Copyright © Cengage Learning. All rights reserved. Chapter 12 The Corporate Income Statement and the Statement of Stockholders’ Equity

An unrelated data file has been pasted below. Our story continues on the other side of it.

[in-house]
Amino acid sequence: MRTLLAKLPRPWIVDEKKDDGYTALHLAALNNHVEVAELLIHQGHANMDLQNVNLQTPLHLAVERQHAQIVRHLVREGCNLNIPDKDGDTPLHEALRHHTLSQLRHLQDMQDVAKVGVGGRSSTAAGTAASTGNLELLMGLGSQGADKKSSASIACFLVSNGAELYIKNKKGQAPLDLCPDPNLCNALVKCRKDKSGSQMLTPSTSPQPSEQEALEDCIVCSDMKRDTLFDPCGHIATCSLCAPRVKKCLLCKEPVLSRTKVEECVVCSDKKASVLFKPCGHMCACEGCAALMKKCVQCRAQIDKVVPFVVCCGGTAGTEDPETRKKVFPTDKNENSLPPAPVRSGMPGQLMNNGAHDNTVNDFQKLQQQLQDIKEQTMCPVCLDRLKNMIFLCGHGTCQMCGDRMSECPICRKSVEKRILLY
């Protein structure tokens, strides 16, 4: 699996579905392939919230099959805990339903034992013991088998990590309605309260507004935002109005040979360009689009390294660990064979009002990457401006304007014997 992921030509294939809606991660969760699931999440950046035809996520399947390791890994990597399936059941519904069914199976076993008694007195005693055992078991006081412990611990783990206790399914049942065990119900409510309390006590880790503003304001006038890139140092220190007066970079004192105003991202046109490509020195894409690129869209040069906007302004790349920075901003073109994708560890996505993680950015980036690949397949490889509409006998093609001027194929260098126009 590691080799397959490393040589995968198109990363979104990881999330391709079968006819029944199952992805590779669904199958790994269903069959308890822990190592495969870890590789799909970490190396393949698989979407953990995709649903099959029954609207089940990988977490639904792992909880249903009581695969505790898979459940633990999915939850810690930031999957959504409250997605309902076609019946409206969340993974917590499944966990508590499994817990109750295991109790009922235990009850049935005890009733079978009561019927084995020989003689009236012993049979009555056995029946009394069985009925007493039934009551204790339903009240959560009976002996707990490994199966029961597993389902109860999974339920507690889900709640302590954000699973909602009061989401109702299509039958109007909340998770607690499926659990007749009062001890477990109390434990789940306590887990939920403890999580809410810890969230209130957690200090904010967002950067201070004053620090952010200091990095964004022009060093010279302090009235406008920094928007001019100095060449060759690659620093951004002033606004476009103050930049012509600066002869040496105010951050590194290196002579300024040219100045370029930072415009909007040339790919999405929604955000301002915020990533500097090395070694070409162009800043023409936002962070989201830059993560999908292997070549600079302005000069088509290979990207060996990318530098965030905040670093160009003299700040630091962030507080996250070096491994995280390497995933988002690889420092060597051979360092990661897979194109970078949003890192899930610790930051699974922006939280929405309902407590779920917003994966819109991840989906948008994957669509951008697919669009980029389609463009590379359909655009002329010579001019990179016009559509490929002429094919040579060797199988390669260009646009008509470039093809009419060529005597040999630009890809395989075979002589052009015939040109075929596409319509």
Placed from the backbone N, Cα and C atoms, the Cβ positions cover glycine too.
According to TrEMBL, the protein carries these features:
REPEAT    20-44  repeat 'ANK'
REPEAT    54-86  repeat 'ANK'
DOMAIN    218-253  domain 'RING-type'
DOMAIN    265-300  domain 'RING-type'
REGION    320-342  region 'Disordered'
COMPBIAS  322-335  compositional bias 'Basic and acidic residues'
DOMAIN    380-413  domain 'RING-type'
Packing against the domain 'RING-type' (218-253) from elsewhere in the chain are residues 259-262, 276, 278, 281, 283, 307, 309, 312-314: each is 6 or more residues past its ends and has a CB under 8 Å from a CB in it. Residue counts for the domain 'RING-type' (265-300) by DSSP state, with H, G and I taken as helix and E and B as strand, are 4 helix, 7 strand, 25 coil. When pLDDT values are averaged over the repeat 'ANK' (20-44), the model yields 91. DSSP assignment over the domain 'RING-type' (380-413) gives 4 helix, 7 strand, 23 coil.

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<ul><li> Slide 1 </li> <li> Copyright Cengage Learning. All rights reserved. Chapter 12 The Corporate Income Statement and the Statement of Stockholders Equity </li> <li> Slide 2 </li> <li> Copyright Cengage Learning. All rights reserved. 12-2 Quality of Earnings Refers to the substance of earnings and their sustainability into future accounting periods. Because of the importance of net income (bottom line), there is significant interest in evaluating the quality of earnings. Quality of earnings is affected by these items: Accounting methods and estimates Gains and losses on transactions Write-downs and restructurings Nonoperating items </li> <li> Slide 3 </li> <li> Copyright Cengage Learning. All rights reserved. 12-3 When a company has both continuing and discontinued operations, the operating income section is called income from continuing operations The Corporate Income Statement The corporate income statement includes: Revenues Expenses Gains and losses Income tax expense Discontinued operations Extraordinary gains and losses Earnings per share </li> <li> Slide 4 </li> <li> Copyright Cengage Learning. All rights reserved. 12-4 Corporate Income Statement </li> <li> Slide 5 </li> <li> Copyright Cengage Learning. All rights reserved. 12-5 The Effect of Accounting Methods and Estimates A firms operating income is affected by estimates and accounting methods. Accounting estimates should be based on realistic assumptions, but there is considerable latitude in making the estimate. The importance of estimates depends on the industry in which the firm operates. </li> <li> Slide 6 </li> <li> Copyright Cengage Learning. All rights reserved. 12-6 Accounting Estimates Uncollectible accounts receivable Sales returns Useful life of an asset Residual value of an asset Total units of production Total recoverable units of natural resource Amortization period Warranty claims Environmental cleanup costs </li> <li> Slide 7 </li> <li> Copyright Cengage Learning. All rights reserved. 12-7 Accounting Methods 1.Percentage of net sales or aging to estimate uncollectible accounts receivable 2.LIFO, FIFO, or average cost to value inventory 3.Accelerated, production, or straight-line depreciation 4.Revenue recognition methods </li> <li> Slide 8 </li> <li> Copyright Cengage Learning. All rights reserved. 12-8 Effect of Accounting Methods and Estimates Some methods and estimates are more conservative than others. Conventions that help overcome this problem Full disclosure Requires that management explain the significant accounting policies used in preparing the financial statements in a note to the financial statements Consistency Requires that the same accounting procedures be followed from year to year </li> <li> Slide 9 </li> <li> Copyright Cengage Learning. All rights reserved. 12-9 Gains and Losses Result from the sale or disposal of operating assets or marketable securities Are one-time events but appear in the operating section of the income statement </li> <li> Slide 10 </li> <li> Copyright Cengage Learning. All rights reserved. 12-10 Write-downs and Restructurings Write-down The recording of a decrease in the value of an asset below the carrying value on the balance sheet, and The reduction of income in the current period by the amount of the decrease Also called a write-off Restructuring The estimated cost associated with a change in a companys operations Usually involving the closing of facilities and lay off of personnel </li> <li> Slide 11 </li> <li> Copyright Cengage Learning. All rights reserved. 12-11 Write-Downs and Restructurings (contd) Reduce current operating income Boost future income by shifting future costs to the current period Are often an indication of bad management decisions Paying too much for the assets of another company Making operational changes that do not work out Big bath Taking all possible losses in current year so that future years will be clean of these costs Often occurs when a company is having a bad year or a change of management takes place, so that the company can show improved results in future years </li> <li> Slide 12 </li> <li> Copyright Cengage Learning. All rights reserved. 12-12 Can significantly affect net income Analysts consider nonoperating items when reviewing a companys financial statements since these are nonrecurring items Nonoperating (Non-continuing) Items Discontinued operations Extraordinary gains and losses </li> <li> Slide 13 </li> <li> Copyright Cengage Learning. All rights reserved. 12-13 Stop &amp; Review Q.What is quality of earnings? A.The substance of earnings and their sustainability into future accounting periods. </li> <li> Slide 14 </li> <li> Copyright Cengage Learning. All rights reserved. 12-14 Income Taxes Objective 2 Show the relationships among income taxes expense, deferred income taxes, and net of taxes. </li> <li> Slide 15 </li> <li> Copyright Cengage Learning. All rights reserved. 12-15 Income Taxes Expense The expense recognized in the accounting records on an accrual basis that applies to income from continuing operations The taxes payable is determined from taxable income, measured according to the rules and regulations of the income tax code. Financial accounting determines net income in accordance with GAAP, not taxable income and tax liability. </li> <li> Slide 16 </li> <li> Copyright Cengage Learning. All rights reserved. 12-16 Income Taxes Expense (contd) There can be a material difference between accounting income and taxable income. Results from differences in the timing of the recognition of revenues and expenses between GAAP and income tax accounting </li> <li> Slide 17 </li> <li> Copyright Cengage Learning. All rights reserved. 12-17 Deferred Income Taxes The account used to record the difference between income taxes expense and income taxes payable </li> <li> Slide 18 </li> <li> Copyright Cengage Learning. All rights reserved. 12-18 Vistula Corporation shows income tax expense of $289,000 on its income statement, but has actual income taxes payable of $184,000. Record the estimated income taxes expense applicable to income from continuing operations using the income tax allocation procedure: Deferred Income Taxes Illustrated </li> <li> Slide 19 </li> <li> Copyright Cengage Learning. All rights reserved. 12-19 Deferred Income Taxes Recognized for the estimated future tax effects resulting from temporary differences in the valuation of assets, liabilities, equity, revenues, expenses, gains, and losses for tax and financial reporting purposes Temporary differences The recognition point for revenues, expenses, gains and losses is not the same for tax and financial reporting </li> <li> Slide 20 </li> <li> Copyright Cengage Learning. All rights reserved. 12-20 Example of a Temporary Difference Treatment of advance payment for goods Financial income (Revenue is not recognized until goods are shipped) Taxable income (Revenue is recognized when cash is received) Result Taxes paid &gt; Tax expense Creates a deferred income tax asset (prepaid taxes) </li> <li> Slide 21 </li> <li> Copyright Cengage Learning. All rights reserved. 12-21 Classification of Deferred Income Taxes Depends on the classification of the related asset or liability that created the difference Current Noncurrent </li> <li> Slide 22 </li> <li> Copyright Cengage Learning. All rights reserved. 12-22 Earnings per Share Objective 3 Compute earnings per share. </li> <li> Slide 23 </li> <li> Copyright Cengage Learning. All rights reserved. 12-23 Earnings per Share (EPS) Used to judge a companys performance and to compare it with the performance of other companies Presented on the face of the income statement Disclosed just below the net income An EPS amount is always shown for Income from continuing operations Income before extraordinary items Net income Gain or loss from discontinued operations or extraordinary items </li> <li> Slide 24 </li> <li> Copyright Cengage Learning. All rights reserved. 12-24 Basic Earnings per Share If the number of common shares changed, or the company paid preferred stock dividends during the year, the weighted average must be calculated. If a company has nonconvertible preferred stock, the dividend must be subtracted from net income before EPS for common stock is computed. </li> <li> Slide 25 </li> <li> Copyright Cengage Learning. All rights reserved. 12-25 Vistula Corporation had net income of $669,000 and 200,000 shares of common stock outstanding. Basic EPS </li> <li> Slide 26 </li> <li> Copyright Cengage Learning. All rights reserved. 12-26 Suppose that from Jan. 1 to March 31, Vistula had 200,000 shares outstanding; from April 1 to Sept. 30, it had 240,000 shares outstanding; and from Oct. 31 to Dec. 31, 260,000 shares were outstanding. Envest had net income of $669,000. 200,000 shares 3/12 year 50,000 240,000 shares 6/12 year120,000 260,000 shares 3/12 year 65,000 Weighted-average common shares outstanding235,000 Dividends for nonconvertible preferred stock outstanding should be subtracted from net income before earnings per share for common stock are computed. Calculating Weighted-Average </li> <li> Slide 27 </li> <li> Copyright Cengage Learning. All rights reserved. 12-27 Capital Structure Simple No bonds, stocks, or stock options that can be converted into common stock Use basic EPS calculation Complex Includes exercisable stock options or convertible stocks and bonds Are potentially dilutive securities Have the potential of diluting the EPS of common stock A stockholders proportionate share of ownership in a company could be reduced by conversion, which would increase the total shares outstanding Report two earnings per share figures Basic earnings per share Diluted earnings per share </li> <li> Slide 28 </li> <li> Copyright Cengage Learning. All rights reserved. 12-28 Diluted Earnings per Share Calculated by adding all potentially dilutive securities to the denominator of the basic EPS calculation Shows stockholders the maximum potential effect of dilution on their ownership position in the company Difference between basic and diluted EPS can be significant </li> <li> Slide 29 </li> <li> Copyright Cengage Learning. All rights reserved. 12-29 Comprehensive Income and the Statement of Stockholders Equity Objective 4 Define comprehensive income, and describe the statement of stockholders equity. </li> <li> Slide 30 </li> <li> Copyright Cengage Learning. All rights reserved. 12-30 Includes items like: Net income Changes in unrealized investment gains and losses Foreign currency translation adjustments Comprehensive income can be shown as part of the statement of stockholders equity or in a separate statement Comprehensive Income Transactions that affect stockholders equity, but are not stock transactions </li> <li> Slide 31 </li> <li> Copyright Cengage Learning. All rights reserved. 12-31 Statement of Stockholders Equity Summarizes the changes in the components of the stockholders equity section of the balance sheet Also called the statement of changes in stockholders equity Reveals much more about the years stockholders equity transactions than the statement of retained earnings </li> <li> Slide 32 </li> <li> Copyright Cengage Learning. All rights reserved. 12-32 Statement of Stockholders Equity </li> <li> Slide 33 </li> <li> Copyright Cengage Learning. All rights reserved. 12-33 Book Value Objective 6 Calculate book value per share. </li> <li> Slide 34 </li> <li> Copyright Cengage Learning. All rights reserved. 12-34 When a company has only common shares outstanding: Shares outstanding Includes common stock distributable Does not include treasury stock When a company has both common and preferred stock Subtract the call or par value of the preferred stock plus any dividends in arrears from total stockholders equity Represents the equity of the owner of one share of stock in the net assets of the corporation Book Value per Share </li> <li> Slide 35 </li> <li> Copyright Cengage Learning. All rights reserved. 12-35 Crisanti Corp. has total stockholders equity of $4,028,800 that includes: 6,000 shares outstanding of $100 par 8 percent convertible preferred stock; 83,600 shares issued and 82,600 shares outstanding of $10 par value common stock; and 1,000 shares treasury stock. No dividends are in arrears and the preferred stock is callable at $105. What is the book value per share for both preferred and common stock? Book Value per Share Illustrated </li> <li> Slide 36 </li> <li> Copyright Cengage Learning. All rights reserved. 12-36 Crisanti Corp. has total stockholders equity of $4,028,800 that includes: 6,000 shares outstanding of $100 par 8 percent cumulative preferred stock; 83,600 shares issued and 82,600 shares outstanding of $10 par value common stock; and 1,000 shares treasury stock. One year of dividends are in arrears and the preferred stock is callable at $105. What is the book value per share for both preferred and common stock? Book Value per Share Illustrated (Dividends in Arrears) </li> </ul>